One of the challenges that I have witnessed so far is teaching a class with a range of instructional needs. In one class that I am teaching, I have students that need support services and honors’ students in the same room. This becomes challenging as I have to try to provide lessons that do not overwhelm the students needing extra help and that do not move too slowly to disengage the honors’ students.

I have come to see that organization is key for any successful teacher as disorganization wastes instructional time as well as the student’s  time on task.

I am beginning to form a certain rapport with the students as they often speak to me in the hallways and some are even remembering my name! I am also becoming involved with the concert band at my school, and participating in their upcoming fundraiser.

My co-operating teachers have been very kind and patient with me and have given me a number of responsibilities such as correcting papers and coming up with new class assignments. I have even gotten permission to do a dissection in one of the Science classes that I am teaching. My internship is definitely keeping me busy but I wouldn’t have it any other way.  (Secondary Intern)

 

Been full of decisions

Well now, how to describe the first few weeks of being an intern. Decisions, decisions. . . .

 

Well, actually, that’s a good word for my first few weeks. It’s been full of decisions! What to print off, how to condense detailed information, how to draw a diagram, how to deal with attitude issues, how to entertain while informing, etc.,  etc.

These are just some of the decisions I’ve been having to make over my first few weeks. While it’s very nice to be getting the teaching experience, I have to say it’s a bit of a learning curve. Actually, when of the teachers put it very well and said,

“It’s not so much a learning curve, rather than a workload curve.”

I agree with this statement. The creation of lesson plans (decent ones anyhow) on top of correcting and other duties is quite a jump. In fact, in the grand scheme of things, I’m probably not even at 50% of the comings and goings of a seasoned teacher and yet I already feel the pressure.

Still, the curve has been presented and I have decided to rise with it.

Onwards and upwards, my fellow interns!

(Secondary Intern)

 

A tale of two detentions

Last week on Wednesday, I dished out two heaping orders of steaming detention. My internship at the small yet somewhat elite-ish school of quasi-religious bearing (though it wasn’t always that quasi way – but that is another story) has been consistently smooth and enjoyable. In fact, even the behavioral management issues that led to the iron-fisted detentions have been enjoyable; the greatest difficulty has been stifling my own smiles!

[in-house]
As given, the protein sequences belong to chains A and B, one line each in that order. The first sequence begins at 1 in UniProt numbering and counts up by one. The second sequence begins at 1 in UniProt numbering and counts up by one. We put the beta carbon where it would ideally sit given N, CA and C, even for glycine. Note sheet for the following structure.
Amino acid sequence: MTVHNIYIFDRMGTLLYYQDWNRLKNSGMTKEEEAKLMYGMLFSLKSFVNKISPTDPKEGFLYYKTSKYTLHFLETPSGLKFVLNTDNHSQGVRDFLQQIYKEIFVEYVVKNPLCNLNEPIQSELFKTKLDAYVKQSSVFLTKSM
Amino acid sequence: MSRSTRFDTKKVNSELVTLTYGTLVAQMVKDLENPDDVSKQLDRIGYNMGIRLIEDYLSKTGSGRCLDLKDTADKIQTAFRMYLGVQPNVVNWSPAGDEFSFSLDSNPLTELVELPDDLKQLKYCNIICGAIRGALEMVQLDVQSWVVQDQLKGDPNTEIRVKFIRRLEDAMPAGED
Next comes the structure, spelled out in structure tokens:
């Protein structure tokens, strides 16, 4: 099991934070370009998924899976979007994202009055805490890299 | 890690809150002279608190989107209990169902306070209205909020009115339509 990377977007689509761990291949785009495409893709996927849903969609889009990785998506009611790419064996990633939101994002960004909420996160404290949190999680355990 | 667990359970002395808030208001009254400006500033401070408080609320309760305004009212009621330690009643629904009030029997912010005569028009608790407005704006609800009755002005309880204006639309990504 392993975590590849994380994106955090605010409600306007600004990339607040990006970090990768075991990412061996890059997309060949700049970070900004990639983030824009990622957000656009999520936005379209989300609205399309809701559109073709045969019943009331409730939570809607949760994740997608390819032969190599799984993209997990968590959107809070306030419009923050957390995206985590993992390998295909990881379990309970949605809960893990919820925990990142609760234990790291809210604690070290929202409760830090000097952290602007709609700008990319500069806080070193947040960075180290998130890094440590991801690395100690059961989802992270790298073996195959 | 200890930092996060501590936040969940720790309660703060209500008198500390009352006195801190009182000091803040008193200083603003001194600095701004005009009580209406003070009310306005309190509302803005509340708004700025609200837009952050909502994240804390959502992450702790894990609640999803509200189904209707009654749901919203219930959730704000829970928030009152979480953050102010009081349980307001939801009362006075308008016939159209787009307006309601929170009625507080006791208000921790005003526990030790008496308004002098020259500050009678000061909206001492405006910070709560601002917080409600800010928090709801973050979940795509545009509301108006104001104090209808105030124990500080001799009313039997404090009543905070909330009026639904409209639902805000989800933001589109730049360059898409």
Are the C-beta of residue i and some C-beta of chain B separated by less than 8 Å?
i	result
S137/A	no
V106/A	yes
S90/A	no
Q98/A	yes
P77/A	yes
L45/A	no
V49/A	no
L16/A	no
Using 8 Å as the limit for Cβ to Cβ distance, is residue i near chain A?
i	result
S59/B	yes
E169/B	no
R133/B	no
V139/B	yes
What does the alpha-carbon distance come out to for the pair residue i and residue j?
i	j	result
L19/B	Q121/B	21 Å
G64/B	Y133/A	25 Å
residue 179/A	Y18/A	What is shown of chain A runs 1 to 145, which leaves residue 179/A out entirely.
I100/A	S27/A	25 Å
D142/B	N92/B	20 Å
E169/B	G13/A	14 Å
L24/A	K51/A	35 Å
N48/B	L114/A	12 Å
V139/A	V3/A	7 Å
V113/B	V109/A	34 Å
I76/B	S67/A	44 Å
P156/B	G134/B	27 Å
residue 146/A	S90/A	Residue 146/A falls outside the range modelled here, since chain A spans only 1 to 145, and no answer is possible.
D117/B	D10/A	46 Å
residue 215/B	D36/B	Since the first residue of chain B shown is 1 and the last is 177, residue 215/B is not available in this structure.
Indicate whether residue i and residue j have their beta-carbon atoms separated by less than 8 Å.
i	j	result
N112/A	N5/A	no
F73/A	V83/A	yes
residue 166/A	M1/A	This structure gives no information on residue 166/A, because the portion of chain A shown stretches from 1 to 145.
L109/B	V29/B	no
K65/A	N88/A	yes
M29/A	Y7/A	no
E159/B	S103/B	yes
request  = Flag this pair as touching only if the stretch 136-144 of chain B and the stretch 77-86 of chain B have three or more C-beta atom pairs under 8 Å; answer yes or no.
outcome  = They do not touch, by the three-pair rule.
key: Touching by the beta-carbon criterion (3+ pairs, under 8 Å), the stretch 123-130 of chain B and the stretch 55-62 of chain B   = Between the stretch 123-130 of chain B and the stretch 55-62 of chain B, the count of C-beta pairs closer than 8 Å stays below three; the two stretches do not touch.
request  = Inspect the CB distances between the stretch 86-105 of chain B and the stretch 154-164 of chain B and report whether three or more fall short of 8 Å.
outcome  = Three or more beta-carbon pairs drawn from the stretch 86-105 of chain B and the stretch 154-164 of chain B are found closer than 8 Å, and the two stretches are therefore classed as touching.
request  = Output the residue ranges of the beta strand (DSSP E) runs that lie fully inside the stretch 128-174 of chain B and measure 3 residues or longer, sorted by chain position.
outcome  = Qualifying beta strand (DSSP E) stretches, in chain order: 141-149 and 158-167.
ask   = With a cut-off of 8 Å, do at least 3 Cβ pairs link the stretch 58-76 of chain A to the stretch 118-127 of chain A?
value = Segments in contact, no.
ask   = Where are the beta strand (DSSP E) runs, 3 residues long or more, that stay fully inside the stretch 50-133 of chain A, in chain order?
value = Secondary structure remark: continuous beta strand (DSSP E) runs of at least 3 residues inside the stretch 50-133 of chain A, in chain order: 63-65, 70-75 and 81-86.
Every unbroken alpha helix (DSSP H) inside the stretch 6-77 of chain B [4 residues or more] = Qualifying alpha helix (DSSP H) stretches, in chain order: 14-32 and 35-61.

The teacher who has been saddled with my apprenticeship teaches Social Studies and History to grades 7 through 12. The small size of the school prevents any of that overlap which allows teachers of larger schools a dramatic reduction in lesson planning. The ship must be tight – especially with the hormone-driven creative genius of grade 7s and 8s who can divine a penis joke from even the perils of Beaumont Hamel.

An English major by trade, I have had to do a lot of reading-up to raise myself to an appropriate level of my Education 4005 instructor’s required “knowledgability”. Knowledgeable? Check. All systems go? Check. . .  Alert! Alert! Penis joke in row three! Snot bubble in aisle 5! My co-operating teacher has praised my efforts, lesson plans and classroom persona. But he has pointed out that my classroom management needs immediate attention. The 2 younger classes have been quickly degenerating with reduced attention, increased talking out of turn and near constant interruptions. Proximity interference is not going to work – unless I create about 6 android copies of myself and place them strategically around the room.

To combat the joyful yet disruptive behavior, the cooperating teacher and I have dusted off and re-worked his original discipline plan. An earlier incarnation of this plan, enforced in September and part of October, created a classroom harmony that lasted until, well, until I arrived!

The system is nothing revolutionary: 3 strikes and you get a 30 minute detention the following day. Strikes do not carry over to following classes but detentions do. A second detention earns a call to the parents – something the majority of these students, unlike many in other schools, actually fear. The rules are based on the basic principle of respect: respect for the teacher, each other and the material being studied. Strikes result from, among other things, speaking out, interrupting, failing to complete homework, or coming to class without the necessary materials such as pencil and paper.